– by Sammie Wetherell –
Barbara Gordon isn’t an unfamiliar character in the world of TV & comics. Ever since 1967 when Barbara stormed through in DC Comics’ Detective comics #359, she has been a predominant character in Batman’s universe. Her story arc has taken her back and forth as “Batgirl” to “Oracle” then back to “Batgirl” again.
For me, Barbara is a very special character that I fell in love with through Gail Simone’s words. I always had her in the back of mind after I read Alan Moore’s Batman: The Killing Joke. If you’ve not read Alan Moore’s amazing masterpiece, Barbara is shot by the Joker in an attempt to drive Commissioner Gordon mad. After this incident Barbara was paralysed and confined to a wheelchair. Comic book writer Kim Yale was appalled by the treatment of Barbara Gordon and decided, along with her husband, to make sure this character didn’t fall into obscurity. They revived her character as the codebreaker and computer genius Oracle.
There have been other Batgirls while Barbara was Oracle. Cassandra Cain, Helena Bertinelli (aka The Huntress), and Stephanie Brown have taken up the mantle in her place, but they didn’t come close (in my eyes) to Barbara Gordon. Gail Simone had previously written Barbara as Oracle in the 2003 Birds of Prey, however Barbara made her big return as Batgirl in September 2011 as part of DC Comics’ New 52.
The New 52 series (which ran up to 2016) follows a Barbara already fully trained by Batman. Gail Simone takes us on a journey with Barbara, dealing with her fear of the Joker, handling her daytime life, along with her nighttime life, and some family drama to go with it. I found the first issue back in 2014 when I was on a Christmas break. Through the first several issues, you could get a sense of Gail’s writing style, and how she constructed Barbara from page to page. It was very clear to me when Gail was removed from the series part way through, for a few issues before she had been brought back. Gail was actually fired from the series, which I believe is because of creative differences, but thank the nerd gods that she was brought back. The few issues she was away, the writing style was completely different, and for me it lost the sparkle it originally had. But I’m really glad I picked this up 3 years after it was released, as it would’ve been enough for me to walk away from the series.
Around the same time I read this series when Brenden Fletcher, Cameron Stewart and Babs Tarr were doing a soft reboot of the character. Their brief stint on the series was very contemporary for today’s society and it was bright and engaging, but something (for me) was lacking. I really like the creative team and other works they have done, but this didn’t feel like the Barbara I got to know from Gail’s work. I really preferred the dark and gritty side to Barbara’s life compared to what the PhD, bubbly student that Brenden Fletcher and his team brought to the table. Gail had Barbara face her fears head-on, which was something I could get on board with and relate to more.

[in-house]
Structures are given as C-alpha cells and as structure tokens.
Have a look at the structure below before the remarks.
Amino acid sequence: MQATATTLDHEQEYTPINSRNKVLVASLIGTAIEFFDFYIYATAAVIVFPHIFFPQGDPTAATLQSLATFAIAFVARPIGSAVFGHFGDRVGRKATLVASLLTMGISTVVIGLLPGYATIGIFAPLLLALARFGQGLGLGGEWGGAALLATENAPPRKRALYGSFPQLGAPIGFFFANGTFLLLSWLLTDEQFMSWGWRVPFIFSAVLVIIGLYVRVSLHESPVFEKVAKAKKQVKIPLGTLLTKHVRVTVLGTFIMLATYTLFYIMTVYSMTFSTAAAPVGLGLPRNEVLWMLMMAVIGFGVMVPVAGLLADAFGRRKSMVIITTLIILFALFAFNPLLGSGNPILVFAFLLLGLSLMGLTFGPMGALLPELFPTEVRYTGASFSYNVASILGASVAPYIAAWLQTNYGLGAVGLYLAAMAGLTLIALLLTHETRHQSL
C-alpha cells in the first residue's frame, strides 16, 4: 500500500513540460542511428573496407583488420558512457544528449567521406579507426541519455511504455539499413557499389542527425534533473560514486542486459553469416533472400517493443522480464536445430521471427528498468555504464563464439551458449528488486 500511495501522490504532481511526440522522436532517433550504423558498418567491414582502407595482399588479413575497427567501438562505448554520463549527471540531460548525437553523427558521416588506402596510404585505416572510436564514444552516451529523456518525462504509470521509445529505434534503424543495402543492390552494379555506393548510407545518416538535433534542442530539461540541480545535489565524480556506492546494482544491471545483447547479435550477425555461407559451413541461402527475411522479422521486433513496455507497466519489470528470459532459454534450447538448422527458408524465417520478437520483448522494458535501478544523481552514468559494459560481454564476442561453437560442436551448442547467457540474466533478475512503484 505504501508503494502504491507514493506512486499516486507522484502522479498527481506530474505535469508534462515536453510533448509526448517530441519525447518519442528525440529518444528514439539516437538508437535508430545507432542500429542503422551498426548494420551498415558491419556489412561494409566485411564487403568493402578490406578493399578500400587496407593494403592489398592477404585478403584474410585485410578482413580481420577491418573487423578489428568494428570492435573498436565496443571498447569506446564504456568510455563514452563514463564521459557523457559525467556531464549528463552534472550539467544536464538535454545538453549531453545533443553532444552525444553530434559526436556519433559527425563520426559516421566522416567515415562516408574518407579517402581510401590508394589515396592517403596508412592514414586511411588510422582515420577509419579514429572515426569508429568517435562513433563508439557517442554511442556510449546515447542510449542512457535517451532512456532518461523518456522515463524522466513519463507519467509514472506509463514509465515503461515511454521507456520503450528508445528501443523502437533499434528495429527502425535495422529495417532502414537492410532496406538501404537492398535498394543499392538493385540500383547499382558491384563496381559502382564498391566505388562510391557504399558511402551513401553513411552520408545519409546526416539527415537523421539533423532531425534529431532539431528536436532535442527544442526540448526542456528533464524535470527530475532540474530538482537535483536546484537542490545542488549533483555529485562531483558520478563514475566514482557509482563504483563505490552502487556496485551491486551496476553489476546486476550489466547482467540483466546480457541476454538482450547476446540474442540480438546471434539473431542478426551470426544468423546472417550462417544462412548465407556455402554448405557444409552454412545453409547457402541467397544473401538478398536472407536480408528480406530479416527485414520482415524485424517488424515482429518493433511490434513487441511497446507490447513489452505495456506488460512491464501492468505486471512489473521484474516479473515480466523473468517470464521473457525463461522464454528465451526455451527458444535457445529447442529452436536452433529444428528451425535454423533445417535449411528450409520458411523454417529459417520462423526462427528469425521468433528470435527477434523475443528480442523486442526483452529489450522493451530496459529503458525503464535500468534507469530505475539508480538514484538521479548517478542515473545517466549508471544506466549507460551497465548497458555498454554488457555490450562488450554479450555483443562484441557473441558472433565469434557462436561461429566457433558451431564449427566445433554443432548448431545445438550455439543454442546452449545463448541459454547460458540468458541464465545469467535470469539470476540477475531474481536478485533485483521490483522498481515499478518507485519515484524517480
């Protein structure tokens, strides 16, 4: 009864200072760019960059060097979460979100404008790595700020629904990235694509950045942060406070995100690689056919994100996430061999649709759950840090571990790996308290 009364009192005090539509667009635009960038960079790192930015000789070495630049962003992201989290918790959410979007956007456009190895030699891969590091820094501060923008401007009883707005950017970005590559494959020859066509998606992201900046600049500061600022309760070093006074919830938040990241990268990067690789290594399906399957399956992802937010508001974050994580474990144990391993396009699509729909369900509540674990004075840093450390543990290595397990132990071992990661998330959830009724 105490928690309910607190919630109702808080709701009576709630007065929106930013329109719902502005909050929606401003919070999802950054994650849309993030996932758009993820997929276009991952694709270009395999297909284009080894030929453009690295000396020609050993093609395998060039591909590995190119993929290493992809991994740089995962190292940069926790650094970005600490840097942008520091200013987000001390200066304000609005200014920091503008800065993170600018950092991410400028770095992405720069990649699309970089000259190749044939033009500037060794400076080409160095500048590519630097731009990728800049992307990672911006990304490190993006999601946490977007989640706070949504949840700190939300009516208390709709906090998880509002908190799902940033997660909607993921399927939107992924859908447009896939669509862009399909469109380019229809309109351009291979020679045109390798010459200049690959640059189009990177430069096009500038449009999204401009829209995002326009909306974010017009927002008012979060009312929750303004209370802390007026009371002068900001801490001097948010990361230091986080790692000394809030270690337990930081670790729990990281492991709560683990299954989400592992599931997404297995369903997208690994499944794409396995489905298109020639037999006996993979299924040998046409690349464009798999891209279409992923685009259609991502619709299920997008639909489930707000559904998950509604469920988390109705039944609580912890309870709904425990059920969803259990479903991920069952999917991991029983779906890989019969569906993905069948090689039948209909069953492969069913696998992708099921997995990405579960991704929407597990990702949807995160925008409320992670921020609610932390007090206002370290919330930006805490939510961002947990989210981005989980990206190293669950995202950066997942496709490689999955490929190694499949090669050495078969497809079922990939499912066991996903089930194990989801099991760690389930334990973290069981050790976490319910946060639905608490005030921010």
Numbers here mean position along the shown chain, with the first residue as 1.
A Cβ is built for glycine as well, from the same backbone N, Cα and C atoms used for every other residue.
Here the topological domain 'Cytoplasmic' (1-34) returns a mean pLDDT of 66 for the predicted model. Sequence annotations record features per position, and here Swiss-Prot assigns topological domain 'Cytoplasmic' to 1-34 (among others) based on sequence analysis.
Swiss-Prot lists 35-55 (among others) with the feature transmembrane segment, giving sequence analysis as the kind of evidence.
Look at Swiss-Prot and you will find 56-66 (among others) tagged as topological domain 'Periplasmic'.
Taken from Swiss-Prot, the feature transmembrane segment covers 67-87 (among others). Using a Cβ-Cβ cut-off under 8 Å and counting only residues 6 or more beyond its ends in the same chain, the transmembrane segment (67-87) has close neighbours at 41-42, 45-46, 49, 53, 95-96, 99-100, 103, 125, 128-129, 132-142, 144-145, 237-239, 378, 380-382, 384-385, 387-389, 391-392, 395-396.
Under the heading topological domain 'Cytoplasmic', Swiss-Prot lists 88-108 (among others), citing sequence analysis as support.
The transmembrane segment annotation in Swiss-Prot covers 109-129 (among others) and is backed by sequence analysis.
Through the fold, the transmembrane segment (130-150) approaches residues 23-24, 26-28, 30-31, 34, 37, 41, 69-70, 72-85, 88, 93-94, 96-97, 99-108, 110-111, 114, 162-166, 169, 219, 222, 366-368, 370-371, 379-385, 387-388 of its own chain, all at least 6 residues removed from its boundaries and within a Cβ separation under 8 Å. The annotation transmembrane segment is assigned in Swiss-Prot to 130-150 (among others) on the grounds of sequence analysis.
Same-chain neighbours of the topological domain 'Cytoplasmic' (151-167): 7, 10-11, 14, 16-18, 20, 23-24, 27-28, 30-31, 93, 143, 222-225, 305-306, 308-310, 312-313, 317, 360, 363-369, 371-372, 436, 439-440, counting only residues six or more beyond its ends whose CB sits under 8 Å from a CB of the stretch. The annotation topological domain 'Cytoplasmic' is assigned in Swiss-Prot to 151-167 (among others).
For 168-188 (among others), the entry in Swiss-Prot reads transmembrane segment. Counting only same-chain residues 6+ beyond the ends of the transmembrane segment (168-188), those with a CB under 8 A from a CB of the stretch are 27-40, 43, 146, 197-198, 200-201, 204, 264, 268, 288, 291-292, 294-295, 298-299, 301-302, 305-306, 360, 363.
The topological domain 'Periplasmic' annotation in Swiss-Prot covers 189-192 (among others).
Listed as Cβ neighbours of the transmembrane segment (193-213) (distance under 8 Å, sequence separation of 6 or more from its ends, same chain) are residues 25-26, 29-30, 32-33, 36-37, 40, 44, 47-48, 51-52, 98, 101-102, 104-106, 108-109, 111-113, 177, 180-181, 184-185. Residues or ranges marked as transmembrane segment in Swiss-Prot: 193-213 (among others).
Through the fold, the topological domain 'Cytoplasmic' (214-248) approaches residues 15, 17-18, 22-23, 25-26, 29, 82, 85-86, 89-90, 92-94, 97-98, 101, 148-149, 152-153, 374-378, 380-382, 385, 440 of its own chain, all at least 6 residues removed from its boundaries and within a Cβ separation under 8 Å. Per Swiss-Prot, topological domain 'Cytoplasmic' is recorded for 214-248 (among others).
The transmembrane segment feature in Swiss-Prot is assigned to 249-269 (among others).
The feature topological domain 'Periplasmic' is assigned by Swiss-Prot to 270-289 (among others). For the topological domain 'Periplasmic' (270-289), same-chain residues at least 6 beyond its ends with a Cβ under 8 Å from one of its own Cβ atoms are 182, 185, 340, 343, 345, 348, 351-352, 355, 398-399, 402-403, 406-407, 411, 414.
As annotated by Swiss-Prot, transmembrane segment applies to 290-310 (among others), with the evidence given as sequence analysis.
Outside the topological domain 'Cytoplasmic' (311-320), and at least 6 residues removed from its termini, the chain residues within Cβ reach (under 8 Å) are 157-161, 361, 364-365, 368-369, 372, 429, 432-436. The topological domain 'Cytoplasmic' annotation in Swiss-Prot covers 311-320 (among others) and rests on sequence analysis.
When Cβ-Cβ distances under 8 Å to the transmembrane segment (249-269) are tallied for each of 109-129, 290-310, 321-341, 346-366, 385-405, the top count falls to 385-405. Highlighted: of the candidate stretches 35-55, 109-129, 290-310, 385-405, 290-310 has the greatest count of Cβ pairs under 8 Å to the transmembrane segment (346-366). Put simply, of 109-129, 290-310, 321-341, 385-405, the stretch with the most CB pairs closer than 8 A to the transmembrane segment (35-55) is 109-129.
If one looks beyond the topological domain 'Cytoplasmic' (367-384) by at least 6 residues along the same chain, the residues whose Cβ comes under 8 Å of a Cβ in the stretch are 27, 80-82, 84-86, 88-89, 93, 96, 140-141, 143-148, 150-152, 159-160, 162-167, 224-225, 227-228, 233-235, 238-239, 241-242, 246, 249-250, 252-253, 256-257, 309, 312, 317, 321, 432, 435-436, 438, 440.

Barbara has faced some controversy in her time, one as recent as 2015. To celebrate the Joker’s 75th anniversary, comic book artists were asked to do variant covers as part of the celebration. Artist Rafael Albuquerque’s variant cover was released too much dismay from Batgirl fans. His cover depicted the joker standing next to a crying Barbara in her Batgirl costume. The Joker had his fingers pointed like a gun, and placed on her cheek. The cover sparked a social outrage, as it highlighted a dark time in the character’s history. The hashtag #changethecover was all over Twitter at the time, with dozens of fans crying out for this cover to not be released. DC did withdraw the cover from sale at the request of the artist. He quickly apologized, stating “My intention was never to hurt or upset anyone through my art . . . for that reason, I have recommended to DC that the variant cover be pulled.” After reading Gail’s series and how she depicted the fear Barbara felt over what had happened to her at the hands of the joker, I could easily see why people were upset. It felt like pouring salt into wounds that were almost healed for the character.
I hope you’ve enjoyed my little insight into Barbara Gordon, and I highly recommend picking up Gail’s runs on the character, I’m confident it will be one you will find you can’t put it down. From PTSD, survivor’s guilt, facing her fears, fighting crime, and generally being a nice person. Barbara is a strong female character that has dealt with a lot in her 56 years in print. If Gail and her team didn’t create WiR I wonder if this character would have ever received the issues that she did. Would she have been a forsaken character after her shooting? Would she ever be Batgirl again?
Thankfully these are questions that we don’t need answers to any longer.
Until Next time . . .
Peace, love & Peanut Butter xoxo.